Should You Buy a Car With a Credit Card?

By Holly Johnson on 5 July 2017 0 comments

While most people rely on cash or bank financing to buy a car, it may be possible to make all or part of your vehicle purchase with a credit card instead. This might seem like a risky proposition, but there are real, tangible benefits that can come from using this payment method if you're careful.

With the right credit card strategy, you could earn rewards for your car purchase, save money on interest, and potentially pay your car off faster. Obviously, there are also a lot of things that can go wrong with this strategy. If you can't afford a car and are looking at a credit card as your way to finance it because you have no other options, forget it. You'll end up worse off if you can't make payments on your credit card.

Even if you can afford the car, you'll need to answer a few questions. Let's talk about whether charging it makes sense — and when it's possible.

Is it possible to buy a car with a credit card?

First, you need to determine whether the dealership or car lot you're buying from will allow it. There are instances when a car lot may let you pay for your entire car purchase with credit, but those situations are rare.

More likely, if a dealership lets you pay with a credit card at all, it will cap the amount at, say, $5,000. The main reason dealerships hesitate to let you charge tens of thousands of dollars to your card is that, like other merchants, they pay interchange fees to accept credit cards. These fees are usually around 2 percent, sometimes higher. So, if you charge a $30,000 car, your dealership could be on the hook for at least $600 in processing costs.

The other thing you need to note is your available balance. Obviously, you can't charge more than your credit limit, so you'll need to be aware of that limit.

Earning rewards with a car purchase

While there is more than one way charging your car to a credit card can leave you ahead, the most intriguing opportunity is the rewards you could earn. You can get cash back or travel rewards. You might even want to use a co-branded car credit card (yes, they exist!). This can provide you a hefty discount when you are ready for your next car.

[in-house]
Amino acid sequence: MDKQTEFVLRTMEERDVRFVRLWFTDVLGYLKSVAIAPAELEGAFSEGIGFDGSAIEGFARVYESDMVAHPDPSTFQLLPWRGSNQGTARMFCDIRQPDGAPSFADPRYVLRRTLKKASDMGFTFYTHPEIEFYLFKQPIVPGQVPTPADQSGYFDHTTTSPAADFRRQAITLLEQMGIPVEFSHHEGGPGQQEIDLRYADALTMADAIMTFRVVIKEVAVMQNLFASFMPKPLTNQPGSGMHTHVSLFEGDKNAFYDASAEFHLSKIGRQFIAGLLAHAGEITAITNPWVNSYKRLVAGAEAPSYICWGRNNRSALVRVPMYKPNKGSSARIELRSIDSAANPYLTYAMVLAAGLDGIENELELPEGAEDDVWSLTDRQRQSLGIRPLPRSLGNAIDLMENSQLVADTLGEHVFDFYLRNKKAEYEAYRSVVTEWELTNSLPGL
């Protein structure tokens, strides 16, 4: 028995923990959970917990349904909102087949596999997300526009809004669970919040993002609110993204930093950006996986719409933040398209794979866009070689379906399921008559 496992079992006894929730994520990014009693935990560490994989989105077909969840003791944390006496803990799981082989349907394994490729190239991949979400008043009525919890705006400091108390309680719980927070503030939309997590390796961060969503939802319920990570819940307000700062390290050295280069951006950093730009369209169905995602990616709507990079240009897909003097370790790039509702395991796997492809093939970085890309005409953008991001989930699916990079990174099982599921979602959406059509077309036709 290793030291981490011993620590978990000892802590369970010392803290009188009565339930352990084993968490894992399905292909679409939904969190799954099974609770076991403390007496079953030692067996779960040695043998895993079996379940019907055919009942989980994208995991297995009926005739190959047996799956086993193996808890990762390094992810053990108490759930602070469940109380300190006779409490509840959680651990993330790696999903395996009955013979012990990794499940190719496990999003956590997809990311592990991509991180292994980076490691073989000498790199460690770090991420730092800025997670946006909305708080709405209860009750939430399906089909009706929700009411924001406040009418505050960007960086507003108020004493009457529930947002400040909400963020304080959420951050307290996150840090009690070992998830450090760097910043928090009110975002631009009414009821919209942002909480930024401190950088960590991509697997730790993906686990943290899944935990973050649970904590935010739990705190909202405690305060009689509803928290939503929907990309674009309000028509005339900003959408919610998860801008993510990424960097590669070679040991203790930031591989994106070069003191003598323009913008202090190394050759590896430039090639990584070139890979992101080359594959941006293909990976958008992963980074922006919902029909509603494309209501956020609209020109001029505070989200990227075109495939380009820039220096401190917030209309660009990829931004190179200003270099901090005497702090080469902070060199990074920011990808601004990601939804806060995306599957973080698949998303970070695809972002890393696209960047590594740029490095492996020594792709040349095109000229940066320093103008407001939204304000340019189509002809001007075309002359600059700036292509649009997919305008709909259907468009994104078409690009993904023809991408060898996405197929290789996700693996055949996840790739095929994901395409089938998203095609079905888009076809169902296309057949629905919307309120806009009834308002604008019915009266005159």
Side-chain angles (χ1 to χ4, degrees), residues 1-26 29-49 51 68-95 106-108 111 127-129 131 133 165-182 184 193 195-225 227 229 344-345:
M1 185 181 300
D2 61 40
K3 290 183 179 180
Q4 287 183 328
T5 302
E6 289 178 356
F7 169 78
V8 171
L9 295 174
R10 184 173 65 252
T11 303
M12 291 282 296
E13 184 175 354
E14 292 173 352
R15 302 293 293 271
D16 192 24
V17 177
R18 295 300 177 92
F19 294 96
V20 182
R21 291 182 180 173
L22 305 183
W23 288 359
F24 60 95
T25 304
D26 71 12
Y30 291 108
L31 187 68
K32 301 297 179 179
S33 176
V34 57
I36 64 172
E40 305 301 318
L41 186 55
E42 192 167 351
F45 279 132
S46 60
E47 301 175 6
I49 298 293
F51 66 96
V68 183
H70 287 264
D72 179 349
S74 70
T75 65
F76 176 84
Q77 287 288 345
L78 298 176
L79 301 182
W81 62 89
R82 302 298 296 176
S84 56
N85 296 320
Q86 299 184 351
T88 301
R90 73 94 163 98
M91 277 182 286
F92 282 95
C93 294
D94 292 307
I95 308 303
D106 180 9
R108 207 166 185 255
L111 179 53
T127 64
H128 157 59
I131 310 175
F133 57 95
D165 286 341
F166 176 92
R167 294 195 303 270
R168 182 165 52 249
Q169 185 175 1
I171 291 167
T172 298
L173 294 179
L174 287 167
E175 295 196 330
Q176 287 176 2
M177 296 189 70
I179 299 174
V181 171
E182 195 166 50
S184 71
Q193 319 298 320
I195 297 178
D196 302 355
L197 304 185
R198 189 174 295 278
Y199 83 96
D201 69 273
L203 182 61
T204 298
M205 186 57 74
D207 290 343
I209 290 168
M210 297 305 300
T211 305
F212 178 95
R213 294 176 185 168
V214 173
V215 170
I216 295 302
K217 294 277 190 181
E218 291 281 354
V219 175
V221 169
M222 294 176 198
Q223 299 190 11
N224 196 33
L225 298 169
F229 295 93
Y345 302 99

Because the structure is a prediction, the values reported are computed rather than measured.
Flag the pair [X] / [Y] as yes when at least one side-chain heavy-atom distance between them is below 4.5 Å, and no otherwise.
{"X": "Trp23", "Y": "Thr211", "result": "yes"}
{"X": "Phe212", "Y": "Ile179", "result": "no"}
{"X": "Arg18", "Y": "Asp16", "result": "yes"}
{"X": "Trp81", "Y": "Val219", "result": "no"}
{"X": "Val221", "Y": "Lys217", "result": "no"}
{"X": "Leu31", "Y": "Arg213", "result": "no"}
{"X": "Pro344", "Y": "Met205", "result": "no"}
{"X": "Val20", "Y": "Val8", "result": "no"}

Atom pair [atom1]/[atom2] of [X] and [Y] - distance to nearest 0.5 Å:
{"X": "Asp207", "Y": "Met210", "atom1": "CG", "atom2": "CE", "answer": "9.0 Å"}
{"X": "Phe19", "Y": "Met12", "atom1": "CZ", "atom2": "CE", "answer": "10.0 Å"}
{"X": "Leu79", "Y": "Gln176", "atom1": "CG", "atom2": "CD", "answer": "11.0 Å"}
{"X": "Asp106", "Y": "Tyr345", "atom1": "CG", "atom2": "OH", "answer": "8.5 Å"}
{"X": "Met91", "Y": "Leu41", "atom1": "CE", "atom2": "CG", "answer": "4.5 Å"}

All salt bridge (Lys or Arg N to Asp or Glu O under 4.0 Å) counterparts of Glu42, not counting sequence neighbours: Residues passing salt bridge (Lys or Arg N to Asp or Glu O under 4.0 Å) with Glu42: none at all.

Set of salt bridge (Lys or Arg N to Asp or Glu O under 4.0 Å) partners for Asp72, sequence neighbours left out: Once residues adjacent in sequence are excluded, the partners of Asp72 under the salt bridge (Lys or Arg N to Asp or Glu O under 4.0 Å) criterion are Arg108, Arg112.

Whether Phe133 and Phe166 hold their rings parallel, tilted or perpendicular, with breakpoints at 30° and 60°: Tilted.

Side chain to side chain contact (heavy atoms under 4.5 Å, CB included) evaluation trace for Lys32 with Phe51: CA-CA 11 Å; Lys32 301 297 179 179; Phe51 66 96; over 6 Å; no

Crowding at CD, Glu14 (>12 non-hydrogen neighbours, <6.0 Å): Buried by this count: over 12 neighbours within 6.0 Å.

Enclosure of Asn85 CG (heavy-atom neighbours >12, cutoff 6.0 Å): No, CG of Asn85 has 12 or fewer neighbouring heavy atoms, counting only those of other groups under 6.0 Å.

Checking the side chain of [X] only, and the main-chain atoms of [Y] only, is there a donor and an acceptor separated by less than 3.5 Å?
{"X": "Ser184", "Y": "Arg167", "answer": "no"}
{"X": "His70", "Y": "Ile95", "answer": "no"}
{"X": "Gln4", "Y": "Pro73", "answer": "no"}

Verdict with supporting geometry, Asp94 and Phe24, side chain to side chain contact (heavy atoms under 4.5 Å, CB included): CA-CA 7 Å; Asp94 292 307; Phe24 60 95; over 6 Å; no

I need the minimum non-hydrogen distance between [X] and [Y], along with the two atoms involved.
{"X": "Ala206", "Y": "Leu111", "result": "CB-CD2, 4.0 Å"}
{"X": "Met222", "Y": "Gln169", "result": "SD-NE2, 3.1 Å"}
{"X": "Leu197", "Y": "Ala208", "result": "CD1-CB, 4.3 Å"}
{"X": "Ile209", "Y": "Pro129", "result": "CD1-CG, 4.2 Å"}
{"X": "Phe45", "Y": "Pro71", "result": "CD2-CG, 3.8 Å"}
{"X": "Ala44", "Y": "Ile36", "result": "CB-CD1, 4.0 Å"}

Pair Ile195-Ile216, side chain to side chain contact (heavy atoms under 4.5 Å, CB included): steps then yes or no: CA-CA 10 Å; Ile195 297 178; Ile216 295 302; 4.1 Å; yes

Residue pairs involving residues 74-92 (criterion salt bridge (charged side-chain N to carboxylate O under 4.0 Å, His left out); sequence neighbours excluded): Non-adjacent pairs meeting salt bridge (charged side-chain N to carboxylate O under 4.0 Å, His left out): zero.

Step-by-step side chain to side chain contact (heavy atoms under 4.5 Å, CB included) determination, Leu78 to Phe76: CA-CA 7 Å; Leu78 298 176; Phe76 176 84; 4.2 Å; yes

Obviously, this strategy is only worth pursuing if you have the cash in the bank to pay your card off right away. While the cards with the most lucrative rewards programs help you earn "free money" on large purchases, the interest rates they offer tend to be higher than average. If you put $30,000 on a credit card that charges 15 percent and it took you five years to pay your loan off, you would fork over $12,822 in interest alone.

Saving interest on a car purchase with a 0% APR card

This leads to the second reason some people may choose to charge their car purchase — to save money on interest. While many rewards cards charge higher interest rates than most, an array of cards charge 0% APR for new purchases for 12–21 months.

The key to making a 0% APR card work in this scenario is making sure you can pay the balance in full before your introductory offer ends. Once it's over your rate will reset to a regular credit card interest rate, which is almost certainly higher than the rate you'd get on a car loan.

Before you pick a 0% APR card for your car purchase, make sure you can pay the balance in full before the introductory offer ends. That way, you can truly save money on interest — and not end up potentially paying more in interest than if you'd just gone with a loan.

Buying a car with a credit card

If you're dead set on charging your car to a credit card, it's important to think through several important scenarios first. Here are four tips that can help you get the most out of the situation.

1. Don't talk about payment until you've negotiated a price

While there's nothing wrong with using credit for a car, your car salesman may want to make up for their fees by charging you a higher sales price. That's why you should never reveal that you intend to pay with credit until you've negotiated the terms of the sale. By slow-rolling your credit card payment plan, you can get the best price possible while also gaining the benefits of using a card.

2. Make sure you're getting the best deal possible

As with any car purchase, you should research the cars you're interested in online before you ever step into a dealership. Websites like Kelley Blue Book can help you figure out exactly what a car is worth based on its make, model, and condition. If the dealership wants you to pay more than a car is truly worth, the rewards you're earning probably won't be worth it, especially if they decide to tack on a fee for using a credit card.

3. Do the math before you buy

While getting 0% APR on your car purchase can pay off, it's important to do the math if you don't think you'll pay off the entire purchase before the introductory offer ends. If you need several years to pay your car loan in full, for example, you will be better off with bank or dealership financing — even if the ongoing APR seems high.

4. Decide what you want — 0% APR or rewards

While a slew of popular credit cards offer rewards or 0% APR for a limited time, few cards offer the best of both. Before you charge your car to a credit card, make sure you have defined goals and a plan to reach them. And if you don't have the right credit card to meet your needs for this purchase, explore your card options and apply for a new card before you step into a dealership.

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Should You Buy a Car With a Credit Card?

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